As the fall term begins, parents will be keeping their fingers crossed that their little darlings don’t have to come back anytime soon for another home schooling session.
But the wish for a more normal school year for most is unlikely to include that desperate gathering in the classroom or gym known as Parents’ Night.
Virtual versions were, in many books, one of the overwhelming successes of distance learning.
Gone is the mad rush to be on time, the confusion over where the math teacher was sitting, and the queues to talk to that particular teacher who never keeps the time.
Parents could drink a glass of wine right off-camera – and more importantly, those separated by divorce or work could both attend without embarrassment.
And it also works for educators.
During the lockdown in May, then-Education Restoration Commissioner Sir Kevan Collins said a particular aspect of school life “would never be the same again”.
âZooming in for parents’ nights is way better than trying to find a parking space on a rainy Tuesday and wait your turn,â he said.
London Borough of Havering’s educational technology adviser and chief inspector Dave Smith agrees the online versions are “here to stay.”
âOnline meetings between parents and guardians have proven to be very successful in schools,â he says.
âColleagues highlighted the benefits for parents / guardians who can connect to meetings with teachers wherever they are – whereas previously they might not have been able to attend a meeting due to of their work or other engagements – resulted in better engagement and participation rates. “
Many systems offer online parties for parents, and alongside established video conferencing services such as Zoom, there are many bespoke platforms such as Iris, Epraise, and Groupcall.
One of the most popular, SchoolCloud, started life, and rightly so, in a school.
But it wasn’t originally designed for meetings.
In 2006, Robbie Beattie and Marcus Fields, 15, attended an information and communication technology (ICT) class, wondering if they could improve the way their school reserved rooms for teachers and students.
âIt was all done on a piece of paper – and classrooms were often double booked,â says Fields.
“It was frustrating for us.”
So they decided to create an online alternative – and it turned out to be a success.
The couple headed him to the school, Mearns Castle High School, in Glasgow, which after leaving for college kept the system running.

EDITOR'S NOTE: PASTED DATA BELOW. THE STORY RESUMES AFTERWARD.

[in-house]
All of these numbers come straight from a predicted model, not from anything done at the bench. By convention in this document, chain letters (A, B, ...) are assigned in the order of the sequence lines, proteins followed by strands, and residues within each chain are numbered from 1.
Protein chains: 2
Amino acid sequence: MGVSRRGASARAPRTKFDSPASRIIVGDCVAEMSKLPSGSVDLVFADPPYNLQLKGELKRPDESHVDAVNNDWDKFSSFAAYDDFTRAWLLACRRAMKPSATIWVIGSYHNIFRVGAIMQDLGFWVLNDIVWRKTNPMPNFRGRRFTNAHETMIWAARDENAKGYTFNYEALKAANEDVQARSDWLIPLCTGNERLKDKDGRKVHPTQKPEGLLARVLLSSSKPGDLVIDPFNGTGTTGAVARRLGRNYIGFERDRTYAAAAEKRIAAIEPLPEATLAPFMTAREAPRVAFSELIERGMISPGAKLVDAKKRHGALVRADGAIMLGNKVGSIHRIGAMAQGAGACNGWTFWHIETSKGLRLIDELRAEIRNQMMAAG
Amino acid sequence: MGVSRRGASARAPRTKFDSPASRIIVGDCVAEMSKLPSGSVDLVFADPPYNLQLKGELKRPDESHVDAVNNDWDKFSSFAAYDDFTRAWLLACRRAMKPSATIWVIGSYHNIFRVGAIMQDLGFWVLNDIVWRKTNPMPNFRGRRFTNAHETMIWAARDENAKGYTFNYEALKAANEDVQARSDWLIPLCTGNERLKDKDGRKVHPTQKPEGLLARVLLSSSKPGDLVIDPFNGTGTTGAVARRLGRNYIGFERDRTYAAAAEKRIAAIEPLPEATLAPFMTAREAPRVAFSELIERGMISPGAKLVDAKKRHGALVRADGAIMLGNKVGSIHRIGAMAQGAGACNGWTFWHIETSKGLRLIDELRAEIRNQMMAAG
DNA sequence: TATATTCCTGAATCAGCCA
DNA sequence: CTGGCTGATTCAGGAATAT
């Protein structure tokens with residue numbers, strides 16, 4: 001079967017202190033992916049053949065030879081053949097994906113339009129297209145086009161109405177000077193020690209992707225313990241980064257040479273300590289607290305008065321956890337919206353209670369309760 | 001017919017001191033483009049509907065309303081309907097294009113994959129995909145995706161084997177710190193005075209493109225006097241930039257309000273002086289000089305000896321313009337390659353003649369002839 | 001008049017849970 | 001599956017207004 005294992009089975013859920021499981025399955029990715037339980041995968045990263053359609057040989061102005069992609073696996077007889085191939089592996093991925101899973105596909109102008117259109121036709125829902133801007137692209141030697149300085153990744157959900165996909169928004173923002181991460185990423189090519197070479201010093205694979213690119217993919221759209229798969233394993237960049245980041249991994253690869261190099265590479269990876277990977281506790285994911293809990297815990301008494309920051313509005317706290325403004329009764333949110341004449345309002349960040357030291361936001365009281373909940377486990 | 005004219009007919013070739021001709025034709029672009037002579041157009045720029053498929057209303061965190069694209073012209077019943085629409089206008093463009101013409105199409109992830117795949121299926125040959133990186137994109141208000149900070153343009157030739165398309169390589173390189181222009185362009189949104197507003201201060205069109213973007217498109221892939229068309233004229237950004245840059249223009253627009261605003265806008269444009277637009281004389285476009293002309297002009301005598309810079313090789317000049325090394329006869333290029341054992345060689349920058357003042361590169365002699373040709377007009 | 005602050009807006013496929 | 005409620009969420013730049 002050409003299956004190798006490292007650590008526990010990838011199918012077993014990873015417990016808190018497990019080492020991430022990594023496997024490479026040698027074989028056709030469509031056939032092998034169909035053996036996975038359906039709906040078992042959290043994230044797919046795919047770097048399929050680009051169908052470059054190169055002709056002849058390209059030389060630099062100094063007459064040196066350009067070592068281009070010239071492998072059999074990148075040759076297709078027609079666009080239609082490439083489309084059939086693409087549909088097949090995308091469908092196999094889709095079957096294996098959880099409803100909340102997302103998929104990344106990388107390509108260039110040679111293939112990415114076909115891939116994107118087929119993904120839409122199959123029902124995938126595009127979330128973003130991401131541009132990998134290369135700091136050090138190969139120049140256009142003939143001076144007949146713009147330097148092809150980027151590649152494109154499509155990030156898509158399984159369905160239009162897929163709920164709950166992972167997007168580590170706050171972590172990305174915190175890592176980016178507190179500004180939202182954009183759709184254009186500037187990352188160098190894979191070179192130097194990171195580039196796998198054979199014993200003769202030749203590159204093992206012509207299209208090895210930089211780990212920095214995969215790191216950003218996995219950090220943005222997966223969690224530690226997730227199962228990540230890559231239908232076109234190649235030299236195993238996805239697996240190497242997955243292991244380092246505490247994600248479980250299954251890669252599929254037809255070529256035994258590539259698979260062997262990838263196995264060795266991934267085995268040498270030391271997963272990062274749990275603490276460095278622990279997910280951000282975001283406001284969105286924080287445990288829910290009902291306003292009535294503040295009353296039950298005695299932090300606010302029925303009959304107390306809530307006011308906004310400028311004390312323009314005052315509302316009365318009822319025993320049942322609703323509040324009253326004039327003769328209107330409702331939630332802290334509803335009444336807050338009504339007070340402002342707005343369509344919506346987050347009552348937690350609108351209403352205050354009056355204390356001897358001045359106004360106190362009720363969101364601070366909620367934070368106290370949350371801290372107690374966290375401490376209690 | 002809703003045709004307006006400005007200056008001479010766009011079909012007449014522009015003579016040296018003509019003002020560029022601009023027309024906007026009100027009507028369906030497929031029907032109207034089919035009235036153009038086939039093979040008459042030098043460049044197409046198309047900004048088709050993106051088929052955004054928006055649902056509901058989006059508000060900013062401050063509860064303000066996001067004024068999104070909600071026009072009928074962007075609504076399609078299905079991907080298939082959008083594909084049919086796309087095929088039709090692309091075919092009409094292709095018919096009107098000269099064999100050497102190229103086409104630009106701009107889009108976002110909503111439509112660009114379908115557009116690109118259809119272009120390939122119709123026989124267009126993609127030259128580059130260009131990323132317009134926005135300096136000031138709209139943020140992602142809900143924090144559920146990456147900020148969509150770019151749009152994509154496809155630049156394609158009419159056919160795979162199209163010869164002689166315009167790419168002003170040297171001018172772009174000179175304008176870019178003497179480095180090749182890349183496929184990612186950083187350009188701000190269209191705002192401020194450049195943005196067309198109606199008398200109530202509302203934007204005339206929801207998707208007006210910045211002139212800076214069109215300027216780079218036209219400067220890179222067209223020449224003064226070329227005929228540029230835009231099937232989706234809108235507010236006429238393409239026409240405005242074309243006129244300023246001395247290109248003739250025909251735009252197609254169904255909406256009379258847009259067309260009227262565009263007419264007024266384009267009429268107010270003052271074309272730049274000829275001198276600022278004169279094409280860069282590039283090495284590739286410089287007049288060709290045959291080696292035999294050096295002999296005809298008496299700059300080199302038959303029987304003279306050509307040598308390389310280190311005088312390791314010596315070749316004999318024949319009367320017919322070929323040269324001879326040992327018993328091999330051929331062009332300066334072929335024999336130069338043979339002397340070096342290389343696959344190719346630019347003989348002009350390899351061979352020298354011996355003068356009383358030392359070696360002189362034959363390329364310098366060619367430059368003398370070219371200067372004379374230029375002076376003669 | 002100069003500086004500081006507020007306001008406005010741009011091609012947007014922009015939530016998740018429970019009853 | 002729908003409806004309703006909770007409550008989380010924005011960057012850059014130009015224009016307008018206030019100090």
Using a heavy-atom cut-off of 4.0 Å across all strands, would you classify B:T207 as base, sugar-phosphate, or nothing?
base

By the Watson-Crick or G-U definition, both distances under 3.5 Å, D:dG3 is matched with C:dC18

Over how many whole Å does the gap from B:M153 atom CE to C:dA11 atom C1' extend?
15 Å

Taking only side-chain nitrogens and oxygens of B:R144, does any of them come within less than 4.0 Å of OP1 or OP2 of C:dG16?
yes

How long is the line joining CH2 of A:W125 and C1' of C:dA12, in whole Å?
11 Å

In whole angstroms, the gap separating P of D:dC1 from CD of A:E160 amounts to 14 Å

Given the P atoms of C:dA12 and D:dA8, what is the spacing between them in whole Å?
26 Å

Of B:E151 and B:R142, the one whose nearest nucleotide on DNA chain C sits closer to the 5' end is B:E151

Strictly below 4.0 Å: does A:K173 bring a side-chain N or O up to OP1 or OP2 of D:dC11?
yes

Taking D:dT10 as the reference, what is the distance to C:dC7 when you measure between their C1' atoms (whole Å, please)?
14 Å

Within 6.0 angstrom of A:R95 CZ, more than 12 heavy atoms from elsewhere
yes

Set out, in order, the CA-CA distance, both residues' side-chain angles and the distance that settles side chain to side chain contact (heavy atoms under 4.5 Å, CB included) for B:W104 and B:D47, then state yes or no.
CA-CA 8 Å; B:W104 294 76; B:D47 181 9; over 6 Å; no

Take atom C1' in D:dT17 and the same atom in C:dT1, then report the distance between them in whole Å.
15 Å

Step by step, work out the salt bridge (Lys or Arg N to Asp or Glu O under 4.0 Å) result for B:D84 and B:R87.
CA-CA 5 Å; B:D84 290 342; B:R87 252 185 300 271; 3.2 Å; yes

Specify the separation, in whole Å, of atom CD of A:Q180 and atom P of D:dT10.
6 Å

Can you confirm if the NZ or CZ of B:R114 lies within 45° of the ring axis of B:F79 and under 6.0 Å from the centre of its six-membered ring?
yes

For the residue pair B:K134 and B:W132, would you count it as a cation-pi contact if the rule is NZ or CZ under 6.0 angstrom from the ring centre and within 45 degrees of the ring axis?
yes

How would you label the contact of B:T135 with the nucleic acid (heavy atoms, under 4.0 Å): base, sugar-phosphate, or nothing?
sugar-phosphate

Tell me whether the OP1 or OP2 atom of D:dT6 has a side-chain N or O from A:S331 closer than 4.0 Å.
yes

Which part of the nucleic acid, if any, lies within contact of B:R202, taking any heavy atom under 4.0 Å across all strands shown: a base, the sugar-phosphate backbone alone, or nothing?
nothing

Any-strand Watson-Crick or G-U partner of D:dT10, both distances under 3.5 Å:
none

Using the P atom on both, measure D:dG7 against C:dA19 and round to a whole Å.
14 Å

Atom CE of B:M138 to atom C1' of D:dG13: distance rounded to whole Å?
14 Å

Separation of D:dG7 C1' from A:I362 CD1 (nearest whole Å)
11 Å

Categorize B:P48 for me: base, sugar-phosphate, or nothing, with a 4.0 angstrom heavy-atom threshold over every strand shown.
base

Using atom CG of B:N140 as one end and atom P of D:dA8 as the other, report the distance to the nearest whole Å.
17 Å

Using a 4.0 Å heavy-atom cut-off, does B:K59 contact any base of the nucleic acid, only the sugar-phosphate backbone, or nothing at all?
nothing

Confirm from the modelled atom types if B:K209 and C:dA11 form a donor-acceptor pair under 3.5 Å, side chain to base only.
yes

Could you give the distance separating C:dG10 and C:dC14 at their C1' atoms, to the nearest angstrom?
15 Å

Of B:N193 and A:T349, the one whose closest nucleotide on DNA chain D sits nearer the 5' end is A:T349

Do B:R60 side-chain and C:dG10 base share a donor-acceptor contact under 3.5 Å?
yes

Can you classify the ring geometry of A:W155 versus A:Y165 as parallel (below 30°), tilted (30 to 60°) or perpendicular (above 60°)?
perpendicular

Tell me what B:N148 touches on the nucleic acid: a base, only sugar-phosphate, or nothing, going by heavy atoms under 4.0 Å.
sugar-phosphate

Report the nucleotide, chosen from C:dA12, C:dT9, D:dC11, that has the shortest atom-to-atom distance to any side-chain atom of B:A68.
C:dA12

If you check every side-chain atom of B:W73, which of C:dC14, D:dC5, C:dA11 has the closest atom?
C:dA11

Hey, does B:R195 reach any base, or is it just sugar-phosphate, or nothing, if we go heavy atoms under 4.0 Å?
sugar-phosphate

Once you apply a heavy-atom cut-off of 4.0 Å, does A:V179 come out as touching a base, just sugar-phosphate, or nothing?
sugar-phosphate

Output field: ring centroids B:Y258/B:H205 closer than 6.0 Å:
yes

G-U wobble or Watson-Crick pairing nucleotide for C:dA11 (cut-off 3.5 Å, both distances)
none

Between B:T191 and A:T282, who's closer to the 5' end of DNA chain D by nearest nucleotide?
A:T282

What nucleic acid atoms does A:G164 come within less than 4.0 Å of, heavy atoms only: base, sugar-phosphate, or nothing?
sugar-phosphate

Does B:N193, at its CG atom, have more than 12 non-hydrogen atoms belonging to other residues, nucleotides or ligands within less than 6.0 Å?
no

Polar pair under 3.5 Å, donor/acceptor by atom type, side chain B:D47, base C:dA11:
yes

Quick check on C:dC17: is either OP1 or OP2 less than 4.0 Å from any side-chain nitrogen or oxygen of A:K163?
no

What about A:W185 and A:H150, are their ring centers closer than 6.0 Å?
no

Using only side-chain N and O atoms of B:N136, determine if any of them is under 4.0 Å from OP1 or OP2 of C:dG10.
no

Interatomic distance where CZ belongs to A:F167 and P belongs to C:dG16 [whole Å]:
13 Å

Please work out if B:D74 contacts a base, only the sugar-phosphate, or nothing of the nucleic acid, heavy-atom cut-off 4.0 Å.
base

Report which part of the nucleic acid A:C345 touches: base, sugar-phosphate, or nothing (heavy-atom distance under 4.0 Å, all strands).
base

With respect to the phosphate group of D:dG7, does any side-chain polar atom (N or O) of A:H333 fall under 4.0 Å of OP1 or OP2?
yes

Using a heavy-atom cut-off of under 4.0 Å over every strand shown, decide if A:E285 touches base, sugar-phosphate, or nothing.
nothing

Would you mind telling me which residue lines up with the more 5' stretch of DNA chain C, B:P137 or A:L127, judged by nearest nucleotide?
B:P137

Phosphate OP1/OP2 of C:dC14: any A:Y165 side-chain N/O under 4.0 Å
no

By 2014, it had grown to be used by around 1,000 schools.
And one of them came up with the idea of ââusing the system to reserve teachers’ time as well as rooms.
âWhat had happened before with parent’s evenings was that the kids had a letter that was sent home, which often got lost in the back of a binder,â says Fields.
âIf they found him, the parents would fill in the appointments they wanted and send him back – and then the school had to figure out how to make it all work.
âIt was pretty inefficient.
“It was designed to put the power of parent’s night in the hands of parents.”
By 2019, some 4,000 schools were registered – and the couple were starting to win awards for their creation.
Then, in March 2020, schools across Europe began to close.
âIt was a late Sunday night and we wondered what we could do to help,â said Mr. Fields.
Making parents’ evenings virtual seemed obvious.
But first, they wanted to solve another eternal problem with such events – the fact that they often overflowed.
The solution was a countdown and stop for each appointment, at a specific time set by the school, usually after five or 10 minutes – although my personal best was 25 minutes.
Mr. Smith, a fan both as a parent and as a professional, tells me he’s already managed eight dates in 48 minutes.
But he says there are serious issues for schools to consider.
“Some considerations for schools are that teachers should allow enough time in a call to describe student progress, next steps in learning, an opportunity for parents / guardians to ask questions,” says he.
“Additionally, training staff on using the platform and modeling an effective session is vital if the experience is to be consistent across the school.”
And sometimes meeting in person is always important.
âThere are occasions when face-to-face meetings can be better,â said Mr. Smith, âfor example, when discussing sensitive issues or the needs of students with special educational needs and disabilities, where the physical view of their suitable learning space is crucial. “
Restrictions related to Covid
SchoolCloud has grown exponentially, through word of mouth and via social media.
The 500,000 minutes recorded on the virtual platform at the start of March 2021 rose to 15 million at the end of July.
But the system only really took off after schools returned in September last year, when Covid restrictions meant parents were still largely excluded from the premises.
Today, there are approximately 7,500 schools on board and a survey conducted by the company suggests:
All of this is great news for parents who still need an off-camera wine to help them through the process.